On Sunday, millions of football fans in jerseys and face paint will huddle around a TV set with a bowl of chips and a can of beer. They'll boo the refs, pay attention to commercials and look for wardrobe malfunctions.
Many will watch on TVs fresh out of the box. More people buy TVs for the Super Bowl than for any other single event.
A whopping 7.5 million people are expected to purchase a new set for the game, according to the latest survey by BIGinsight for the National Retail Federation. An additional 3.9 million will buy entertainment centers, couches and chairs, presumably to watch their fancy TV in comfort.
Stores hope to score big. Best Buy, Walmart, Target and other retailers that sell electronics have Super Bowl sales going on all week, with discounts as deep as November's Black Friday.
Best Buy says it sells more televisions in the weeks leading up to a Super Bowl than any other time of the year. Nearly every television — from the mack daddy 90-inch Sharp LED to the more modest 43-inch Samsung plasma — is on sale, most of them a few hundred dollars off regular price.
Call it a manly pride thing, but the big ones are the most popular. No respectable sports fan would be caught dead hosting a party without picture-perfect viewing equipment. You can run out of chicken wings by halftime, but if your TV doesn't measure up, forget about anyone coming back next year.
For expertise, I looked to Mick Carpenter, a 14-year employee of Best Buy who works at the South Tampa store on Dale Mabry Highway. He has sold a bunch of TVs in the past several days, most of them to people who plan to christen them during Sunday's big game. All have TVs at home, but wanted to supersize to 55-inch models and up.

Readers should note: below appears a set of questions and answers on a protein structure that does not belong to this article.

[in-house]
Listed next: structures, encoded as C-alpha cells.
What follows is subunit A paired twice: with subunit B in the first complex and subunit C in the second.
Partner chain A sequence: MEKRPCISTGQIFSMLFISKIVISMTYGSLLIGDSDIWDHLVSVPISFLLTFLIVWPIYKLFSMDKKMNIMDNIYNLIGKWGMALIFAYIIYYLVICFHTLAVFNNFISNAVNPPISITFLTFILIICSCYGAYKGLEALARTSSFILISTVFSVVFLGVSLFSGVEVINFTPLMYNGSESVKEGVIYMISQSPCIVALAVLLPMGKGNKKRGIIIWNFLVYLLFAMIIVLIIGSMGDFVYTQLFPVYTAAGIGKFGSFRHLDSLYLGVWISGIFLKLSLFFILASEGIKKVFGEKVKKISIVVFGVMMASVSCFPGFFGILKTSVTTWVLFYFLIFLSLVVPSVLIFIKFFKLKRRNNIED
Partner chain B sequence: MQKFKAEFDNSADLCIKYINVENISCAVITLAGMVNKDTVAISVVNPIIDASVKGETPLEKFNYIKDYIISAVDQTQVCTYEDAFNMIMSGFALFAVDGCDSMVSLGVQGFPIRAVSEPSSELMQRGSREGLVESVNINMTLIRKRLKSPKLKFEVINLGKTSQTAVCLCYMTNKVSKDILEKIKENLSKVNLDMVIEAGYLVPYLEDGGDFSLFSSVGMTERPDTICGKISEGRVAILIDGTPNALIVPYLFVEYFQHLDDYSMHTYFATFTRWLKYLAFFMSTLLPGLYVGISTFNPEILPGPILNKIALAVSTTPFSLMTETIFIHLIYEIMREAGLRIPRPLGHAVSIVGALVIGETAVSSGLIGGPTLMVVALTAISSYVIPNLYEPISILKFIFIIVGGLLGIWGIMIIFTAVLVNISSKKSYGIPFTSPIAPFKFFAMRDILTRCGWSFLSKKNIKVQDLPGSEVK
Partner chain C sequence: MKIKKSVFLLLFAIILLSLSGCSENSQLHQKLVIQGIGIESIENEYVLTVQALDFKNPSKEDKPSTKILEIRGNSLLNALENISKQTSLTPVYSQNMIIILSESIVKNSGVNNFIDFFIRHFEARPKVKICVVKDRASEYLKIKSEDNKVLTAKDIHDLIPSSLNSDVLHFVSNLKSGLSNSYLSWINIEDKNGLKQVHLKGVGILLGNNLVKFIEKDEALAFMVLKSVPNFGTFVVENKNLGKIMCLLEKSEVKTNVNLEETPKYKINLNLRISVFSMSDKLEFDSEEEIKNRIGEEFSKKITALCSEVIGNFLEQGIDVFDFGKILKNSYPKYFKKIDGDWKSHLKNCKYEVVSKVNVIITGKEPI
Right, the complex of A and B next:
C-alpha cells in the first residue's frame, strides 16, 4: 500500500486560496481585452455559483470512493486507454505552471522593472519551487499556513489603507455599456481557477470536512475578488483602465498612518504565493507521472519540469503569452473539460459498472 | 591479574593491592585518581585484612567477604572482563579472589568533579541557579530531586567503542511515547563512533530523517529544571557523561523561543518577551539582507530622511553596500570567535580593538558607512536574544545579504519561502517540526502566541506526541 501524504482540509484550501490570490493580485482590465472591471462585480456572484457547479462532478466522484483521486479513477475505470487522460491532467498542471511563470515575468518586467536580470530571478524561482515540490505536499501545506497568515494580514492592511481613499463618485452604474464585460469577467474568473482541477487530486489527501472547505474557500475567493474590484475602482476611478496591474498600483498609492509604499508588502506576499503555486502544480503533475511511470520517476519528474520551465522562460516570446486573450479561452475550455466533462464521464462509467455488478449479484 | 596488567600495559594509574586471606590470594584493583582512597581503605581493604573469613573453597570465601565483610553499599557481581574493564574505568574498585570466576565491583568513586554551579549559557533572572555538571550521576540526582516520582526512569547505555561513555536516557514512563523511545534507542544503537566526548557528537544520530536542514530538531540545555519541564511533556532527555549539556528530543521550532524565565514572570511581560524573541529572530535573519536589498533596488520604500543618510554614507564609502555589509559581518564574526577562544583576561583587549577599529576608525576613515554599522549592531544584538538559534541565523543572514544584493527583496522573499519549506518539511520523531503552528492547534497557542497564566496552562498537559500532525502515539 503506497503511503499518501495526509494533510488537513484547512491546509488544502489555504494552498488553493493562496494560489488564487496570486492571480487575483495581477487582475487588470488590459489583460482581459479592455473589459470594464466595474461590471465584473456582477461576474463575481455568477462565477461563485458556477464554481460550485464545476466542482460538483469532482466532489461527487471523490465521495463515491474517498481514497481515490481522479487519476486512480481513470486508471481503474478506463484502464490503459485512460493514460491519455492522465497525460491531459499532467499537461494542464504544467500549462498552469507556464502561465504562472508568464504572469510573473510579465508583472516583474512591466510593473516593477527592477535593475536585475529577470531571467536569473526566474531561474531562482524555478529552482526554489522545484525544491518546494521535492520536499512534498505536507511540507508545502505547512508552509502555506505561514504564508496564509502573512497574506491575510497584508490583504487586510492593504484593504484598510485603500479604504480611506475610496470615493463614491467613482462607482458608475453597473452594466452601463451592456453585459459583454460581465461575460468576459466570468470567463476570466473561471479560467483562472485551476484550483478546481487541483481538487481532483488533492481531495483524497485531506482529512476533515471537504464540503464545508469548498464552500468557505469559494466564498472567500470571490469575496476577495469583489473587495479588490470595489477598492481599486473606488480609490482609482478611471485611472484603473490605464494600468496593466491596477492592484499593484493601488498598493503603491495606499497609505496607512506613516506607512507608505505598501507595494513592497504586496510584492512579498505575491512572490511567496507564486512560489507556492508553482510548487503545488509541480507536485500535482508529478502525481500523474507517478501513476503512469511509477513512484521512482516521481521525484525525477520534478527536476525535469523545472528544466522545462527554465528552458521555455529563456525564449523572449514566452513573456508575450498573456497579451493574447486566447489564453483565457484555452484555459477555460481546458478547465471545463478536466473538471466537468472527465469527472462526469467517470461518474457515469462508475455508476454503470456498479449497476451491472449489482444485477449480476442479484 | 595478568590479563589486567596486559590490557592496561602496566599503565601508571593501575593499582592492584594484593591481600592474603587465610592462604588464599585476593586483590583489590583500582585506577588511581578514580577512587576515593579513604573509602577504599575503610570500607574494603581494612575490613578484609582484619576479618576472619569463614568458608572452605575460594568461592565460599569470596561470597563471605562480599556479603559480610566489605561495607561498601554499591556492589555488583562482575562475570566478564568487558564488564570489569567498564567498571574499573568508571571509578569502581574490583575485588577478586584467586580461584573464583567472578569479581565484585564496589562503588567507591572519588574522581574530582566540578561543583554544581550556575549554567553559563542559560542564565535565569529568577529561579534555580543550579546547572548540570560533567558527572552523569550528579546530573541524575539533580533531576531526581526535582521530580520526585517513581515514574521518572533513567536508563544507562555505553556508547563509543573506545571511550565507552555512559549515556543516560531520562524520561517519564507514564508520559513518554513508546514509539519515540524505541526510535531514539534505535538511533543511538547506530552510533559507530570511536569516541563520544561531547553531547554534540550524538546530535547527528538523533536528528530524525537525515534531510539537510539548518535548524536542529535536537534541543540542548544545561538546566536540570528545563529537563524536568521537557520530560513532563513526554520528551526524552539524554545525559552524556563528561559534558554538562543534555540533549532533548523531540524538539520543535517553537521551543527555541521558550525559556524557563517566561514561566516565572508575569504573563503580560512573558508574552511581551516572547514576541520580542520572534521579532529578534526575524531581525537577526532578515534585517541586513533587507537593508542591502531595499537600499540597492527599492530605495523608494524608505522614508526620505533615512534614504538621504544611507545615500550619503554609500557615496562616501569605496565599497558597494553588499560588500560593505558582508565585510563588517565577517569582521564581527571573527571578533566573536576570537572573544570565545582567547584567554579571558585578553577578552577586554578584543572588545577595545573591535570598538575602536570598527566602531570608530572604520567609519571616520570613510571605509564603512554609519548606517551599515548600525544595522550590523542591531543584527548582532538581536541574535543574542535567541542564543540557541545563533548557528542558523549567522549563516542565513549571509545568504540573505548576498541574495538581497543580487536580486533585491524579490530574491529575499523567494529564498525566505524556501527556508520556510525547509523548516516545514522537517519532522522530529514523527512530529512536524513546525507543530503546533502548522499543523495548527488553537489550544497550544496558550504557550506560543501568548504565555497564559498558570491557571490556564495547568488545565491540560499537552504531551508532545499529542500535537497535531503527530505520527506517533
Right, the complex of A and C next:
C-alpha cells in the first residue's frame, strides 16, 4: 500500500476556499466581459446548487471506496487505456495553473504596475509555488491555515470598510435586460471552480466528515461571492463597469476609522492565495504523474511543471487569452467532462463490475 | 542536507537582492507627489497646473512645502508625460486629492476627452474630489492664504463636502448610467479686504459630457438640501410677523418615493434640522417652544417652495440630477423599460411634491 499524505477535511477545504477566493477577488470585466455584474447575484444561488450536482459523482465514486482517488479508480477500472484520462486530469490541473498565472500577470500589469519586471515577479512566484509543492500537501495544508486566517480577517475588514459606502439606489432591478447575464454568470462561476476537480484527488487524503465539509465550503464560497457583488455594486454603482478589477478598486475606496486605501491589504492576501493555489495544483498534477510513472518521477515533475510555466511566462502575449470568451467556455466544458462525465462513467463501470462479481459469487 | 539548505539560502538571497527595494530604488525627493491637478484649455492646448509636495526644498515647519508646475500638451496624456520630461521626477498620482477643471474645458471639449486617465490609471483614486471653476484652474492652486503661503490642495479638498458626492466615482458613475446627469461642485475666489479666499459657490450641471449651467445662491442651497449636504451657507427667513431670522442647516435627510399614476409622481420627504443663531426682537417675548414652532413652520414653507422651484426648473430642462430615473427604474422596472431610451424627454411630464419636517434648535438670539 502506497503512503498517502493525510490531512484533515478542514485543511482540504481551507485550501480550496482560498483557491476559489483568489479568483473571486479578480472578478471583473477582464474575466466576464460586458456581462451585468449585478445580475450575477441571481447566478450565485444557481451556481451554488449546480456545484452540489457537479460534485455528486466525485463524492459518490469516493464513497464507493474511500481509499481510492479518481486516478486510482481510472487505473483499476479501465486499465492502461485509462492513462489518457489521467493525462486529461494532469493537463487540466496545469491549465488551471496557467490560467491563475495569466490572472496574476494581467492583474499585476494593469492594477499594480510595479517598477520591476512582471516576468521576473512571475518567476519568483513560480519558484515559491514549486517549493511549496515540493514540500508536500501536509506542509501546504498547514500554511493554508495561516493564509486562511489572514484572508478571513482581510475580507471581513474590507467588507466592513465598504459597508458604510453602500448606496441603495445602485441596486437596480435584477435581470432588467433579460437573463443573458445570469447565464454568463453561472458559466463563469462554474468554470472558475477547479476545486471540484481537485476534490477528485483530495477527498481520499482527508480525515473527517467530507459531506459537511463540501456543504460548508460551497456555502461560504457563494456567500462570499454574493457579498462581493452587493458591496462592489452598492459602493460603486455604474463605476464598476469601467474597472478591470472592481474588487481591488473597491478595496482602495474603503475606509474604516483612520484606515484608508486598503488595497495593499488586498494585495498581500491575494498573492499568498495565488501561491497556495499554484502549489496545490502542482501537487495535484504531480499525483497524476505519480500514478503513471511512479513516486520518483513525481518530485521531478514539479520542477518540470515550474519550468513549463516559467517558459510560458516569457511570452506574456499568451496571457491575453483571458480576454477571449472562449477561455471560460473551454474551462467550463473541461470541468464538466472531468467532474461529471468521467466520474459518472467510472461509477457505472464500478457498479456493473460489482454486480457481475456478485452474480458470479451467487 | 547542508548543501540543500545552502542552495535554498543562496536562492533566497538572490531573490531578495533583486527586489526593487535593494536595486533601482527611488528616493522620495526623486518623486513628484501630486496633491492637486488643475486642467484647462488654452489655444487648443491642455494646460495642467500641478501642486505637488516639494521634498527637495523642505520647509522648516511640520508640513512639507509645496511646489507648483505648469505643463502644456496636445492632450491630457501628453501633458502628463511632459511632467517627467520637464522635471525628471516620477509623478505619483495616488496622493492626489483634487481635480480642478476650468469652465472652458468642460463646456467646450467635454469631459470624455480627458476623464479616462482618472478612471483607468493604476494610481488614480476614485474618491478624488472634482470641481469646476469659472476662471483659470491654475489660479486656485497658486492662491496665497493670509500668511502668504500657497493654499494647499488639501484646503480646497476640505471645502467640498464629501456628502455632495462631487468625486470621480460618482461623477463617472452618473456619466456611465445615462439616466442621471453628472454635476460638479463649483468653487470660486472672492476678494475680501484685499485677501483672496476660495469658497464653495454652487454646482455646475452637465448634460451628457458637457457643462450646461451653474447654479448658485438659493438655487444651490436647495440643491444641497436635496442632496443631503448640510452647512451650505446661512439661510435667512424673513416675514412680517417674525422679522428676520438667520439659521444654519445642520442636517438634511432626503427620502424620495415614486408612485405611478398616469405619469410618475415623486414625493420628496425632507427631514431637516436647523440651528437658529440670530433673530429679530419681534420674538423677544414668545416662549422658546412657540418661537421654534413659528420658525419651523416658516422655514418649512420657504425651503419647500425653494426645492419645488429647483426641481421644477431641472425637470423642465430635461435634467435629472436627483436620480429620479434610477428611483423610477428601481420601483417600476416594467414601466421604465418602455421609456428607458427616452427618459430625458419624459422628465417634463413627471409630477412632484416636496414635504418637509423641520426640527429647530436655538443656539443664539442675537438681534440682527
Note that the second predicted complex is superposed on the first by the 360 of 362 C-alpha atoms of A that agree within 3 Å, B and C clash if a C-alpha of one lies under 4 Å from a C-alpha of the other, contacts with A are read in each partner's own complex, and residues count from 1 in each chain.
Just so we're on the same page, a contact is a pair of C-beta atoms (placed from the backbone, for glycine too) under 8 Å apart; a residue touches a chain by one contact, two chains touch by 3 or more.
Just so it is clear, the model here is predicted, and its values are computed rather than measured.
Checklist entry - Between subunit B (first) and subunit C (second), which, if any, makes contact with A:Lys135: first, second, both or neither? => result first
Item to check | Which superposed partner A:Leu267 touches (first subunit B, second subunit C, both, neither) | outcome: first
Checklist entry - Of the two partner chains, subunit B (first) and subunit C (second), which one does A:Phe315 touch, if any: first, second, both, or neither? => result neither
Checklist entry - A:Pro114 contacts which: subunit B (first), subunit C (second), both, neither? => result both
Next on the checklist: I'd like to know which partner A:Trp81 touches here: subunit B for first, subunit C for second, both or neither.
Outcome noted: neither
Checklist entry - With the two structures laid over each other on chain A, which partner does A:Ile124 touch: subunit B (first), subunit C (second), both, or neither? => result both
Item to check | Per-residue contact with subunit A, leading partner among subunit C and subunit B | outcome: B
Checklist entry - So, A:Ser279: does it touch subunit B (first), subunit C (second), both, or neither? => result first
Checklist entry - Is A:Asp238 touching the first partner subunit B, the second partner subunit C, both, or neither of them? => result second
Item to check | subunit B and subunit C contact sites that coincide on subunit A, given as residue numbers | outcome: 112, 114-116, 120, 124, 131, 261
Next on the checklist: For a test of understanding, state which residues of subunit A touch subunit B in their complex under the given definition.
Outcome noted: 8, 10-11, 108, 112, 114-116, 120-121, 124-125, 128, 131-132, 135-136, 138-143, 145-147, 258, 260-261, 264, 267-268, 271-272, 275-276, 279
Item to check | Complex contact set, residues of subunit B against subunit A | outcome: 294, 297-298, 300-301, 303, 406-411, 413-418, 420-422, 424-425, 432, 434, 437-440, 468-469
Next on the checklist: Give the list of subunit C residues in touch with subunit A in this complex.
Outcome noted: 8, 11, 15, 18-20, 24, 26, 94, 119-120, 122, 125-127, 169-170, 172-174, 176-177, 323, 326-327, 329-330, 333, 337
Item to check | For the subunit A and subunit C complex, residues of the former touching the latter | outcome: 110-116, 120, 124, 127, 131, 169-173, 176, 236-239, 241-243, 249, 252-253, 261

For those like me who haven't bought a TV in the 21st century, people are leaning toward LEDs or plasmas. Don't bother talking about flat screens and high-def. That's like asking if a phone has texting. You'll sound like a caveman.
LEDs came out a few years ago as an improvement over the LCDs, which had problems with ghosting, especially when viewing sports and other action-packed programs. Plasmas have been around for a while, but are much better than earlier models. They no longer have issues with images permanently burning into the screen. They also don't use as much energy or emit as much heat.
Plasmas offer the best bang for your buck, hence their popularity around the Super Bowl, Carpenter said. A 50-inch that sold for $10,000 a decade ago now goes for less than a grand. And prices are expected to dip even lower as manufacturers try to lure people to upgrade their older sets.
The decision between LED and plasma usually comes down to preference. LEDs are thinner; plasmas have a more natural, darker-looking screen. Both have a shelf life of eight to 10 years, quite a bit shorter than my mammoth tube TV, which refuses to die even though part of me wishes it would.
Also popular are "smart" TVs with Web browsers and "smart apps" for playing games and accessing Netflix. One Samsung model has a built-in camera for using Skype. And, yes, some people will watch the Super Bowl in 3-D. Imagine walking into a party and seeing everyone wearing the goofy glasses? Not sure I'm ready for that, but watching sports on the 3-D display was pretty cool.
Susan Thurston can be reached at firstname.lastname@example.org or (813) 225-3110.